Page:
Support Airliners.net - become a First Class Member!

Quoting Deaphen (Reply 2):
Quoting N587NK (Reply 1):
well in the US per FAA regulations all transmitting and recieving devices may not be used in flight. and cell phones and wireless email devices may only be used if the wireless connection has been disabled. However I'm not sure about tother countries regs.

Apparantly its allowed if used over 10,000 feet.

I understand that, I'm just stating my company's policy(when an airline has a policy it in a way becomes an FAR) Now tell me how the F/A will not whats transmitting and recieving a signal? My airline has recently started the whole for F/As that we're "enformers not enforcers" so take it as it is..............


User currently offlineSkyGourmet From Germany, joined Jun 2006, 121 posts, RR: 0
Reply 8, posted (7 years 2 months 1 day 17 hours ago) and read 4202 times:

I have made the experience that Garmin handheld GPS devices are better than those from Magellan particularly because they're easier to use. The Garmin eTrex series is be the best choice for you in my opinion, some models are also available with color displays and the possibility to download detailed maps into the device.




Meine dispatcher says there's something wrong mit deine Kabel?
User currently offlineDavid L From United Kingdom, joined May 1999, 9523 posts, RR: 42
Reply 9, posted (7 years 2 months 1 day 17 hours ago) and read 4173 times:

Quoting SkyGourmet (Reply 8):
some models are also available with color displays and the possibility to download detailed maps into the device.

I have the Garmin GPSmap76 and GPSmap76C. The older 76 is cheaper but has a monochrome display, slow serial interface and not much memory.

The 76C has a colour display, a USB interface and much more memory (so you can store more maps). On the downside, the display is a bit smaller than that of the older 76 and you can't make the data fields as small as you could on the 76, so you end up with less map displayed.

The 76C seems to have been replaced by the 76Cx, which stores maps on an SD card rather than internal memory. More at:

https://buy.garmin.com/shop/shop.do?cID=145


User currently offlineChase From United States of America, joined Nov 2005, 1054 posts, RR: 0
Reply 10, posted (7 years 2 months 1 day 16 hours ago) and read 4109 times:

Ditto what MaidensGator said above. Some airlines allow them (over 10,000') and some don't allow them at all.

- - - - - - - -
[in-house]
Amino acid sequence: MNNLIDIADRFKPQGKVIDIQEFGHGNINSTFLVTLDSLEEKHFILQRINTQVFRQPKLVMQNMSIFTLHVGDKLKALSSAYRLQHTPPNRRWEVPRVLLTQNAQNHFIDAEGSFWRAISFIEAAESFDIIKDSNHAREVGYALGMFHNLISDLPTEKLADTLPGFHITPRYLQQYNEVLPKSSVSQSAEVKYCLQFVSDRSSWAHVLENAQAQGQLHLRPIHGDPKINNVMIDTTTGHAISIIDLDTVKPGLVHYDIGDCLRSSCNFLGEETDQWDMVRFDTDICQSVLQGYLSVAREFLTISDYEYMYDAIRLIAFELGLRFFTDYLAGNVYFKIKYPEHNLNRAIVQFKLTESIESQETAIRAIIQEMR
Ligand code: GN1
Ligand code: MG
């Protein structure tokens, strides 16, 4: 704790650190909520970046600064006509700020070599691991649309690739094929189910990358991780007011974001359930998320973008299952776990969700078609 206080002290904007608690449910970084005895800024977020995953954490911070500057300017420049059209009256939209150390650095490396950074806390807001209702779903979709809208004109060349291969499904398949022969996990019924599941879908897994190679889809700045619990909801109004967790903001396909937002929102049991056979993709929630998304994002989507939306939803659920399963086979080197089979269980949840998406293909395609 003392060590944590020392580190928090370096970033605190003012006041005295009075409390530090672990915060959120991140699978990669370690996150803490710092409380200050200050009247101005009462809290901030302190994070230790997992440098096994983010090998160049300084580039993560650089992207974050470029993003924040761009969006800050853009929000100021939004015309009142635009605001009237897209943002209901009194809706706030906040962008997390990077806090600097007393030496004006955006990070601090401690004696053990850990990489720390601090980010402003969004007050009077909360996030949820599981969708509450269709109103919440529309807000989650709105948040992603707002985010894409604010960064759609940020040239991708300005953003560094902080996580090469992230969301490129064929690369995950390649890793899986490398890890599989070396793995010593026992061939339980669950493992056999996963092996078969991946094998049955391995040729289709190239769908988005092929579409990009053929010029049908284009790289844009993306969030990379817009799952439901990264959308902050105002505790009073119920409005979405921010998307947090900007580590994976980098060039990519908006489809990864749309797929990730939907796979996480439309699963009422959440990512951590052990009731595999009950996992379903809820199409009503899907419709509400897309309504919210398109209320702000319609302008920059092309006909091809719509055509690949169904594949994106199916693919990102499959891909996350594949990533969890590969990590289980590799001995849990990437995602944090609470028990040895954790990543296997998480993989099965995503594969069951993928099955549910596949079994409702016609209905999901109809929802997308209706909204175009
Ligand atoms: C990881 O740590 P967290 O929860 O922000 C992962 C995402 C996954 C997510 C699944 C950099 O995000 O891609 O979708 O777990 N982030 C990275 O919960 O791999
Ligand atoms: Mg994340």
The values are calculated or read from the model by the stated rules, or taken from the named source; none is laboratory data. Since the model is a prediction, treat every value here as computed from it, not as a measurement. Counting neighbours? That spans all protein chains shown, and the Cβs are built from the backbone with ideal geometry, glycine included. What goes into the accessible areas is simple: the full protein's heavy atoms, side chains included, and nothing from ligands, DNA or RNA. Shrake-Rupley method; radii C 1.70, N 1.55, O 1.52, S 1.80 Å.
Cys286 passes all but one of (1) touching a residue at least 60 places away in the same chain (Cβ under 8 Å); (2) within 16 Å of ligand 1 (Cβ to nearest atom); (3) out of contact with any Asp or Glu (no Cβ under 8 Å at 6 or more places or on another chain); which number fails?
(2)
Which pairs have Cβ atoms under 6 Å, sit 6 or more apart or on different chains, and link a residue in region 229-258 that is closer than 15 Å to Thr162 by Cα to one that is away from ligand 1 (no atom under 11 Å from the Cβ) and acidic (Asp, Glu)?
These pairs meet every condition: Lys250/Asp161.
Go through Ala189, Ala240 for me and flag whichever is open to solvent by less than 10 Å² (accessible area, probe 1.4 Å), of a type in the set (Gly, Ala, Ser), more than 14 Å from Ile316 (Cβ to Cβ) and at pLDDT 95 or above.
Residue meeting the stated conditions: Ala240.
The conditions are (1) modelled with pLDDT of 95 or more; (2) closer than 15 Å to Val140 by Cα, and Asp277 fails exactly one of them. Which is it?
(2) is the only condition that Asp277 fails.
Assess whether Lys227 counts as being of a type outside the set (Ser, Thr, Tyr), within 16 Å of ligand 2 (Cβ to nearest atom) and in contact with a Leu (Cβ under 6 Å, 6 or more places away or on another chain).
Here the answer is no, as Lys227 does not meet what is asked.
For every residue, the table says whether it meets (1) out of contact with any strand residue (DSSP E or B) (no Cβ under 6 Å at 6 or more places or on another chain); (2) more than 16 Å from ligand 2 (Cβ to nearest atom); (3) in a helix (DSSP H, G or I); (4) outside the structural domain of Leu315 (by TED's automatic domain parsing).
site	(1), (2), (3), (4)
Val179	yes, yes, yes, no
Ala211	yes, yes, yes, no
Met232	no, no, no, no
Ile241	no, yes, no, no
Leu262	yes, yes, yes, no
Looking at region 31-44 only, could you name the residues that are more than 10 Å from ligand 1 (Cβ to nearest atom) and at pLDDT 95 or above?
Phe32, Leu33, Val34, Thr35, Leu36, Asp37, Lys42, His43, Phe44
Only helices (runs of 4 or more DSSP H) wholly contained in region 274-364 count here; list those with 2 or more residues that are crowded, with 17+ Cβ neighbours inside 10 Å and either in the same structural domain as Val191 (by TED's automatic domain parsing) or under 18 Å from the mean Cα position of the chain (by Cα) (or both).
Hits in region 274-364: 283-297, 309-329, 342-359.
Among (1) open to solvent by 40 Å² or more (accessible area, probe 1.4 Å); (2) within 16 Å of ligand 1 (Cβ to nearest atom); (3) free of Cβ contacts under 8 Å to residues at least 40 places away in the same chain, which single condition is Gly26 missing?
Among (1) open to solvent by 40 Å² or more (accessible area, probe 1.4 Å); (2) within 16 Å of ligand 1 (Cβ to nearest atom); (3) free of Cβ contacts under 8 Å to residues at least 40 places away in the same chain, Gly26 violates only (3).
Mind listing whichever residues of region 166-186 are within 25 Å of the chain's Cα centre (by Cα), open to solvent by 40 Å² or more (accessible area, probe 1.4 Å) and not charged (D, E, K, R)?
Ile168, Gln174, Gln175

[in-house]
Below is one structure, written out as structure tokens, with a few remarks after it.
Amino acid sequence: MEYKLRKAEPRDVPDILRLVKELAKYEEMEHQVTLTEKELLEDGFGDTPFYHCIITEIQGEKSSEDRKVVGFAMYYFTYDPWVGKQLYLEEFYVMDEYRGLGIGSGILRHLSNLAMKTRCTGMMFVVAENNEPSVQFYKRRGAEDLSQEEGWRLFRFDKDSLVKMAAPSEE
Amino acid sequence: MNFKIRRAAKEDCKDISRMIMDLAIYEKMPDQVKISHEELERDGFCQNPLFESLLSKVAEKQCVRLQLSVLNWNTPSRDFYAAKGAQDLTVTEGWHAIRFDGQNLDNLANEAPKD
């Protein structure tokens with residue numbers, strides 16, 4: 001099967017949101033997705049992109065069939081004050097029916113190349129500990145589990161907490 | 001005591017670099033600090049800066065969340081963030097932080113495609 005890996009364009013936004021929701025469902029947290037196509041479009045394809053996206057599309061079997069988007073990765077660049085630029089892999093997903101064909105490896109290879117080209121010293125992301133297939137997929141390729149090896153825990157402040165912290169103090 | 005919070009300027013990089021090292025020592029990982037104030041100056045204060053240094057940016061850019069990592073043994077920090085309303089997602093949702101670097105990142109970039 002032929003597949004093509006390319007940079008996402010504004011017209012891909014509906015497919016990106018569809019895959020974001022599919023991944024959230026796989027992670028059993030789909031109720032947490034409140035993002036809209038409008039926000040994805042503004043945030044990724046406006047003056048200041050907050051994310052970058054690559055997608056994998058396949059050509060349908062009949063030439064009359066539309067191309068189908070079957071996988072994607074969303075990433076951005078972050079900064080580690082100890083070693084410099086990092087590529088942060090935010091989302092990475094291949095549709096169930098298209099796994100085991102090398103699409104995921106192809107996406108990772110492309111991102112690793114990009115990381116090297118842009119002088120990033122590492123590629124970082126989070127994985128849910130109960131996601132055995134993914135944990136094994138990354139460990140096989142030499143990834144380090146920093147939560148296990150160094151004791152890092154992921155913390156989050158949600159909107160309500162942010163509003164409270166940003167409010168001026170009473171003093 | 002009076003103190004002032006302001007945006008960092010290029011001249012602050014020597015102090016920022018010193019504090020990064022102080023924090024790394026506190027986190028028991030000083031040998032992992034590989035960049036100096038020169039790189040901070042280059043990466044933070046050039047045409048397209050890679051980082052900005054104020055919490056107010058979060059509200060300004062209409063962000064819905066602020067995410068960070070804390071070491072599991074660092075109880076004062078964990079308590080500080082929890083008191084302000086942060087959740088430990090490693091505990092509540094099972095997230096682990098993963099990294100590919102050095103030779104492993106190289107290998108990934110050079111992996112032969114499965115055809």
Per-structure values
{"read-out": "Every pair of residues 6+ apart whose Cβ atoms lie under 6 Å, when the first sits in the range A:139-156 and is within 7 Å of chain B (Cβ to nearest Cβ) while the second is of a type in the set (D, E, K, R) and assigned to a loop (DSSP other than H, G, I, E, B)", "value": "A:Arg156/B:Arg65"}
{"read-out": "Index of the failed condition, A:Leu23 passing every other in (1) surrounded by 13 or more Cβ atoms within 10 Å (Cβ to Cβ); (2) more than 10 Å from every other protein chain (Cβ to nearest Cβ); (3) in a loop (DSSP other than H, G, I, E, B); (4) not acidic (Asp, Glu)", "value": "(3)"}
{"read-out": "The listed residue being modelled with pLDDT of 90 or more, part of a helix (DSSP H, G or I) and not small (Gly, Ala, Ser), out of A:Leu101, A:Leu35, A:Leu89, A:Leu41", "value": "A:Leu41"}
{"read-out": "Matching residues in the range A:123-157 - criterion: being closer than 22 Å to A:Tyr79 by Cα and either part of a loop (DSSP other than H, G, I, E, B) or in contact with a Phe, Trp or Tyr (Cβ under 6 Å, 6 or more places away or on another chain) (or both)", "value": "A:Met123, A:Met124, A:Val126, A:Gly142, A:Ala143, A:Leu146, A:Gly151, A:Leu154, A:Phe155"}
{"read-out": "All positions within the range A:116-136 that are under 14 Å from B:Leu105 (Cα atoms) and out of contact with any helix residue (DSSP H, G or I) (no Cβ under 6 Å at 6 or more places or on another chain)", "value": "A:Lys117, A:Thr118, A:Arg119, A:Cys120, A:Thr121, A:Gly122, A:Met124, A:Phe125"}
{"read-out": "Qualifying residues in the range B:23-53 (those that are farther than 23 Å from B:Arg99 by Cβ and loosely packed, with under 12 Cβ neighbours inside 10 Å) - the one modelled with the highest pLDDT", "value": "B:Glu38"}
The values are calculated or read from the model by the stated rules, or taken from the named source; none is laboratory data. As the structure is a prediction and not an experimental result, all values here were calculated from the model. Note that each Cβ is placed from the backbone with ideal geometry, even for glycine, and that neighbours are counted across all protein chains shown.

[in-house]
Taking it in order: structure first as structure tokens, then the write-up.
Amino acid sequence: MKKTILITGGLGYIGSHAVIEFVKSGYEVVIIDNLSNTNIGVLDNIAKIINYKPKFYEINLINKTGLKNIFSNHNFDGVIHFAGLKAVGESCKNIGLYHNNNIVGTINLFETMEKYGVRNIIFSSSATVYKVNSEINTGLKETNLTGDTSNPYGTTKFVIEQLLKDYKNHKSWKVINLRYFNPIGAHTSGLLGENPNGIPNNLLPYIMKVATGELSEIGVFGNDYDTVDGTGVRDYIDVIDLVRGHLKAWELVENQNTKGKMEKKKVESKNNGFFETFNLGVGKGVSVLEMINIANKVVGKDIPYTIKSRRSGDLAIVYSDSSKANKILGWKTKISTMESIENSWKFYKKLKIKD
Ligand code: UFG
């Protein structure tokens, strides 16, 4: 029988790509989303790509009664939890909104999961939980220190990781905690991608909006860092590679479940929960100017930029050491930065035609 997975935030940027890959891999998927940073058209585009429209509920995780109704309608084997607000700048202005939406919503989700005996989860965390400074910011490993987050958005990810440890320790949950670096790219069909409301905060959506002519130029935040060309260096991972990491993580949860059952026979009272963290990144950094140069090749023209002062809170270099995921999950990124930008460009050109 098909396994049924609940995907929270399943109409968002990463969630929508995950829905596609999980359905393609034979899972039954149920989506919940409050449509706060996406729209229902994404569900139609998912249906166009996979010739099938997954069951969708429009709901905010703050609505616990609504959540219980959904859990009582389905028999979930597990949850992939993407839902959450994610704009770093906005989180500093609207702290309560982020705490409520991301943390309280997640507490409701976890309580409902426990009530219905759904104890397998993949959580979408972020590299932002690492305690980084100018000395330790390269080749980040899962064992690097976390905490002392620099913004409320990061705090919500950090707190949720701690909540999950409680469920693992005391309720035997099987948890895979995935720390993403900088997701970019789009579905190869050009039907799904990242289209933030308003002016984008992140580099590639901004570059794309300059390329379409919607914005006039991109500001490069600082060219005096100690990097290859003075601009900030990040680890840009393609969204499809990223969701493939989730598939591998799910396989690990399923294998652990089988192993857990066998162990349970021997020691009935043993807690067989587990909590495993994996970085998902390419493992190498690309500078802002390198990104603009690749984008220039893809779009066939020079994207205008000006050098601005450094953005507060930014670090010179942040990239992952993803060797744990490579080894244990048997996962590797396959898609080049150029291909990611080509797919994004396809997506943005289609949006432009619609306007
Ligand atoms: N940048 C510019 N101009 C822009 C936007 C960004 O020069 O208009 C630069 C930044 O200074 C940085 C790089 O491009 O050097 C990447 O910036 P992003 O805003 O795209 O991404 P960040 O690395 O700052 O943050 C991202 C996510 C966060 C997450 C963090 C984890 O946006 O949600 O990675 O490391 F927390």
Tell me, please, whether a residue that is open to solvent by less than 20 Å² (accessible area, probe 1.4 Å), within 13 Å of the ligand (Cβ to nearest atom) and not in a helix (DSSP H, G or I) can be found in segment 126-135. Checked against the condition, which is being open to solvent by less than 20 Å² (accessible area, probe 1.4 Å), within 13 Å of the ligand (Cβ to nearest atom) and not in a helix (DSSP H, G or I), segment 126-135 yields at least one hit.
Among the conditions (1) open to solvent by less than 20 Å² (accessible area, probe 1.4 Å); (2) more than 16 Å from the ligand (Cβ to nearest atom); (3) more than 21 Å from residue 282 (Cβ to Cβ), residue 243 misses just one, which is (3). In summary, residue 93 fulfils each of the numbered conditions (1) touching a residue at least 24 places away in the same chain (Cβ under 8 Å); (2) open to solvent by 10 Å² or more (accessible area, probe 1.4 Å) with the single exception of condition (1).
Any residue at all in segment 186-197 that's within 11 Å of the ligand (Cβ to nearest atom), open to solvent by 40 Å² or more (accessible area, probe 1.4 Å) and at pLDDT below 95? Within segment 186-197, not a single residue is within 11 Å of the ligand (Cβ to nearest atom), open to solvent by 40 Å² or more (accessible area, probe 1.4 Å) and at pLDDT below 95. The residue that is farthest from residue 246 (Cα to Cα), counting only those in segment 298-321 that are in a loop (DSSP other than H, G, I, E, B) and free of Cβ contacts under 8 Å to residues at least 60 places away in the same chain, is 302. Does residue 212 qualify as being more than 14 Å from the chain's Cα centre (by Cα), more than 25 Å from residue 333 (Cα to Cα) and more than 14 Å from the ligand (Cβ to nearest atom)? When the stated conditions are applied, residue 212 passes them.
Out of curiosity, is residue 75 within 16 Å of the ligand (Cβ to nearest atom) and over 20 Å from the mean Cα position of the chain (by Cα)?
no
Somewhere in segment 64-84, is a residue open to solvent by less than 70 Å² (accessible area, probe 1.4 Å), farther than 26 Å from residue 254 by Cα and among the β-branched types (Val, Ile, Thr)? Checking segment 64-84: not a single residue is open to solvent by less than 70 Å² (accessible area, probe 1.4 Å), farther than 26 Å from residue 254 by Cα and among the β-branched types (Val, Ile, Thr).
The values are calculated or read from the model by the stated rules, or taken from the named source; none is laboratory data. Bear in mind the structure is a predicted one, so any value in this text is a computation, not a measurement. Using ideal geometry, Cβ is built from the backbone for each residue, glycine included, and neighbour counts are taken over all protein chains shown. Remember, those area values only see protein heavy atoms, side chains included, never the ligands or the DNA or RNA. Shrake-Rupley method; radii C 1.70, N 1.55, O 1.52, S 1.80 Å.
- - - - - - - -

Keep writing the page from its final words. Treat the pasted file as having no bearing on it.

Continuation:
I had a Garmin eTrex Venture, and recently upgraded to a Garmin eTrex Venture C. They work well if you hold them against the window - I usually try to put the top of the GPS against the bottom of the window. I've never had anybody ask about them, although I usually hold my GPS, iPod, and one side of a magazine with my window-side hand and the other side of the magazine with my aisle-side hand, so maybe the F/A just doesn't see the GPS. That's kind of why I do it that way.

The eTrex ones, except the yellow one, contain a basemap that will contain major roads all interstate highways, and borders between countries, states, and land/water, but not every little residential street. I'm speaking in reference to the US here - to get maps of India, you may have to buy an add-on CD-ROM. These cost an additional $90. Without the map, it's kind of hard to tell where you are, but you can certainly see your altitude, speed, and a line behind you representing the path you've taken.


User currently offlineDeaphen From India, joined Jul 2005, 1425 posts, RR: 1
Reply 11, posted (7 years 2 months 1 day 15 hours ago) and read 4069 times:

Quoting Chase (Reply 10):
The eTrex ones, except the yellow one, contain a basemap that will contain major roads all interstate highways, and borders between countries, states, and land/water, but not every little residential street. I'm speaking in reference to the US here - to get maps of India, you may have to buy an add-on CD-ROM. These cost an additional $90. Without the map, it's kind of hard to tell where you are, but you can certainly see your altitude, speed, and a line behind you representing the path you've taken.

And how important is memory space?? Most of the affordable ones have a measely 1mb internal storage... can someone elaborate on why more memory is good?

nitin



I want every single airport and airplane in India to be on A.net!
User currently offlineChase From United States of America, joined Nov 2005, 1054 posts, RR: 0